dan pink on the surprising science of motivation

I could not agree more and just realized that is why Stephen Dukes was such a good manager.

Tags: , , , , ,

flames from seawater

I saw this video a while back and it still peaks my interest. I wonder what, if anything, they have done since then…

Tags: , , , , ,

and god said…


Tags: , ,

meeting of the minds


Tags: , , , , , , , ,

cold fusion in the news again.. and “experimentally confirmed”

Here we have cold fusion in the news yet again. It was first in the news in 1989 and people have been skeptical ever since. A few years ago another similar claim was put forth, except this time using magnets, by Steorn. We still have yet to see Steorn create any tools that create power. Supposedly in this new article scientists have recreated the cold fusion experiment and were able to create an accurate sensor. I’m of the opinion though until Steorn or these scientists developing cold fusion can produce a “theoretical rationale”, then it’s likely baloney. This excerpt is from another article on the same thing: “The problem with Mosier-Boss’ work, he said, is that it fails to provide a theoretical rationale to explain how fusion could occur at room temperatures. And in its analysis, the research paper fails to exclude other sources for the production of neutrons.” Read on…

The theoretical underpinnings of cold fusion have yet to be adequately explained. The hypothesis is that when electrolysis is performed on deuteron, molecules are fused into helium, releasing a high-energy neutron. While excess heat has been detected by researchers, no group had yet been able to detect the missing neutrons.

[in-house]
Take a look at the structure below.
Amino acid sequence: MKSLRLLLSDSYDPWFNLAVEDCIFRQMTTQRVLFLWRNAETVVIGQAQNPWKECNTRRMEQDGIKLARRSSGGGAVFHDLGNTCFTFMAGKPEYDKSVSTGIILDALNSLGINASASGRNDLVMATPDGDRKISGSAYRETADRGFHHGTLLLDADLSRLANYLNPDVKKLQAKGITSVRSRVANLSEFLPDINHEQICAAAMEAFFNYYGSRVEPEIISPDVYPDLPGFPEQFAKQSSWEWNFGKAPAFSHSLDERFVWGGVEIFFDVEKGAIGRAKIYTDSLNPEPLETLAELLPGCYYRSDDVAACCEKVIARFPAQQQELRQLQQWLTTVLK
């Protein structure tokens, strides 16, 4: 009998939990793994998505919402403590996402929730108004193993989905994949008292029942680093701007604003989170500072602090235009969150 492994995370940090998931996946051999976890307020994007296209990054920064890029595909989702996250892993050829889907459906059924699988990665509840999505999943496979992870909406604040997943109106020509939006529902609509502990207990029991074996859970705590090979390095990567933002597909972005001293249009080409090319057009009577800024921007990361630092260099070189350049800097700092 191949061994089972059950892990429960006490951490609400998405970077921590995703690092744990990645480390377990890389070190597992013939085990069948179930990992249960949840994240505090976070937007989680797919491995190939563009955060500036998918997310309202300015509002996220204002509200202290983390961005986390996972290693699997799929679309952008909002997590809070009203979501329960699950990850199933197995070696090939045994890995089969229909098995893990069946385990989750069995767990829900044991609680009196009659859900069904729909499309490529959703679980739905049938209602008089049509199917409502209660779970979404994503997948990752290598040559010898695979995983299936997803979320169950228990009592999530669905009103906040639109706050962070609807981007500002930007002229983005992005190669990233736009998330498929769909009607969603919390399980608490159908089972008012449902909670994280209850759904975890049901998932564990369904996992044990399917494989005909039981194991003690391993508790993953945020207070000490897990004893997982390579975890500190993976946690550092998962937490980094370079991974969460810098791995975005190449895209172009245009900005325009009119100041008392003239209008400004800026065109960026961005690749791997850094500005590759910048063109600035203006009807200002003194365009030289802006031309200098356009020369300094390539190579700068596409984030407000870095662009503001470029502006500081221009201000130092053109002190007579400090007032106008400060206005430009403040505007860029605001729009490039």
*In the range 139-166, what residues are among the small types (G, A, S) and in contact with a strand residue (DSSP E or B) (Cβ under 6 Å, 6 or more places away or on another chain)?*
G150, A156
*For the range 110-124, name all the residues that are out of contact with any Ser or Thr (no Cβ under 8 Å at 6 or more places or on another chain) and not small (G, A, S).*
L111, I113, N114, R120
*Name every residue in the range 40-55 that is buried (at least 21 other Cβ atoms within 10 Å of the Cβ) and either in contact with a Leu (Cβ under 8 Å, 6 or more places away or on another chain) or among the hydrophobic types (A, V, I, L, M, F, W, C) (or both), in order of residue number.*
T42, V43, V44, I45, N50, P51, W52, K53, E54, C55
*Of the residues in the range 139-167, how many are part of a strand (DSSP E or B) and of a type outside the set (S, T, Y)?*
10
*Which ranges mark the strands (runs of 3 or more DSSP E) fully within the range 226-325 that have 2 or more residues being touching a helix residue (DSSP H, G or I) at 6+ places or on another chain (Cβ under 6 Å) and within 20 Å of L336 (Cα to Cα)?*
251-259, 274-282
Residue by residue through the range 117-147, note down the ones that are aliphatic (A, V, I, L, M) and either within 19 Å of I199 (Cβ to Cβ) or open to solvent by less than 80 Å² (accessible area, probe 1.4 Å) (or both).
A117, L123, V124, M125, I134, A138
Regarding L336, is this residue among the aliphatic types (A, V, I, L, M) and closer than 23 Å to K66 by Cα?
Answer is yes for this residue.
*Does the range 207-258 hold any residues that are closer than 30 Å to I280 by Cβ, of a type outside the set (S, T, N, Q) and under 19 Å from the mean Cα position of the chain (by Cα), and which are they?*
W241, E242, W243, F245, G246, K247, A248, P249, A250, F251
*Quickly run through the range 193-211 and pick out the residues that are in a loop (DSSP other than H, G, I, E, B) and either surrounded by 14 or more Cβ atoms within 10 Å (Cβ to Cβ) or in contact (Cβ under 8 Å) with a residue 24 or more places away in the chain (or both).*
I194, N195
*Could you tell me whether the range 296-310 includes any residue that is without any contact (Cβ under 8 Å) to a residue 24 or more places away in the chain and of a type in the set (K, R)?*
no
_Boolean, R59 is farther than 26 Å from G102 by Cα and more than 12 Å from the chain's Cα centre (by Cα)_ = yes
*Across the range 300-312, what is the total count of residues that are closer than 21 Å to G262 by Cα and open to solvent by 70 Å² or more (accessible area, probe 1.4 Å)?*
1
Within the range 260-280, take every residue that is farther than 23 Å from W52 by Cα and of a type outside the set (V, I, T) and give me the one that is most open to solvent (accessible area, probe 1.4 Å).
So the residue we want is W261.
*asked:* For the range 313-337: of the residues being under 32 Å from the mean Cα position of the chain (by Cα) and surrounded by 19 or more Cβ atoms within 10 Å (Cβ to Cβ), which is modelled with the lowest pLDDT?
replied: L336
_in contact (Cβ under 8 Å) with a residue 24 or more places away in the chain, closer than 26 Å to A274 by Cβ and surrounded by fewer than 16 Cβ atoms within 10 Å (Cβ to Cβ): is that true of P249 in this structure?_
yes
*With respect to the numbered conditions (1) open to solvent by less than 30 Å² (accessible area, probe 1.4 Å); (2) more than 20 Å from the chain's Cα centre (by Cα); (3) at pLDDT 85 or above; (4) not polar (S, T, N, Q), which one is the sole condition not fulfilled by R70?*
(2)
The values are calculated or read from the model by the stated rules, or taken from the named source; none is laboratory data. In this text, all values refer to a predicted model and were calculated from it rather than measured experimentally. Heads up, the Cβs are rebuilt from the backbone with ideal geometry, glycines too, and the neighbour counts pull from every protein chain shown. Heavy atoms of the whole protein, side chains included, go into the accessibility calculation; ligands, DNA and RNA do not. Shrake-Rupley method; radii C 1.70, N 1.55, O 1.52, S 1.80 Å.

Now, the Naval researchers claim that the problem was instrumentation, which was not up to the task of detecting such small numbers of neutrons. To sense such small quantities, Mosier-Boss used a special plastic detector called CR-39. Using co-deposition with nickel and gold wire electrodes, which were inserted into a mixture of palladium chloride and deutrium, the detector was able to capture and track the high-energy neutrons.

The plastic detector captured a pattern of tiny clusters of adjacent pits, called triple tracks, which the researchers claim is evidence of the telltale neutrons.

via EETimes.com – Cold fusion experimentally confirmed.

Tags: , , , , , , ,

new particle y(4140) surprises physicists

This article is great news for scientists.. it basically means that we’re still having luck deconstructing matter. While this is good news and I’m a big fan of physics, I have no idea what all of these different particles are or how they interact with each other. I feel I’m just a few steps behind these scientists since they don’t know for sure either. Be that as it may, this article serves as a great way to transition into a book I’ve been reading thanks to Jeremy. I have been preparing a summary with my comments in blog form and hope to get it out before the week’s end. If not, never fear, it will be next week. It can change your perspective.

Scientists of the CDF experiment at the Department of Energy’s Fermi National Accelerator Laboratory announced yesterday that they have found evidence of an unexpected particle whose curious characteristics may reveal new ways that quarks can combine to form matter. The CDF physicists have called the particle Y(4140), reflecting its measured mass of 4140 Mega-electron volts. Physicists did not predict its existence because Y(4140) appears to flout nature’s known rules for fitting quarks and antiquarks together.

via Particle oddball surprises physicists.

Tags: , , , , , ,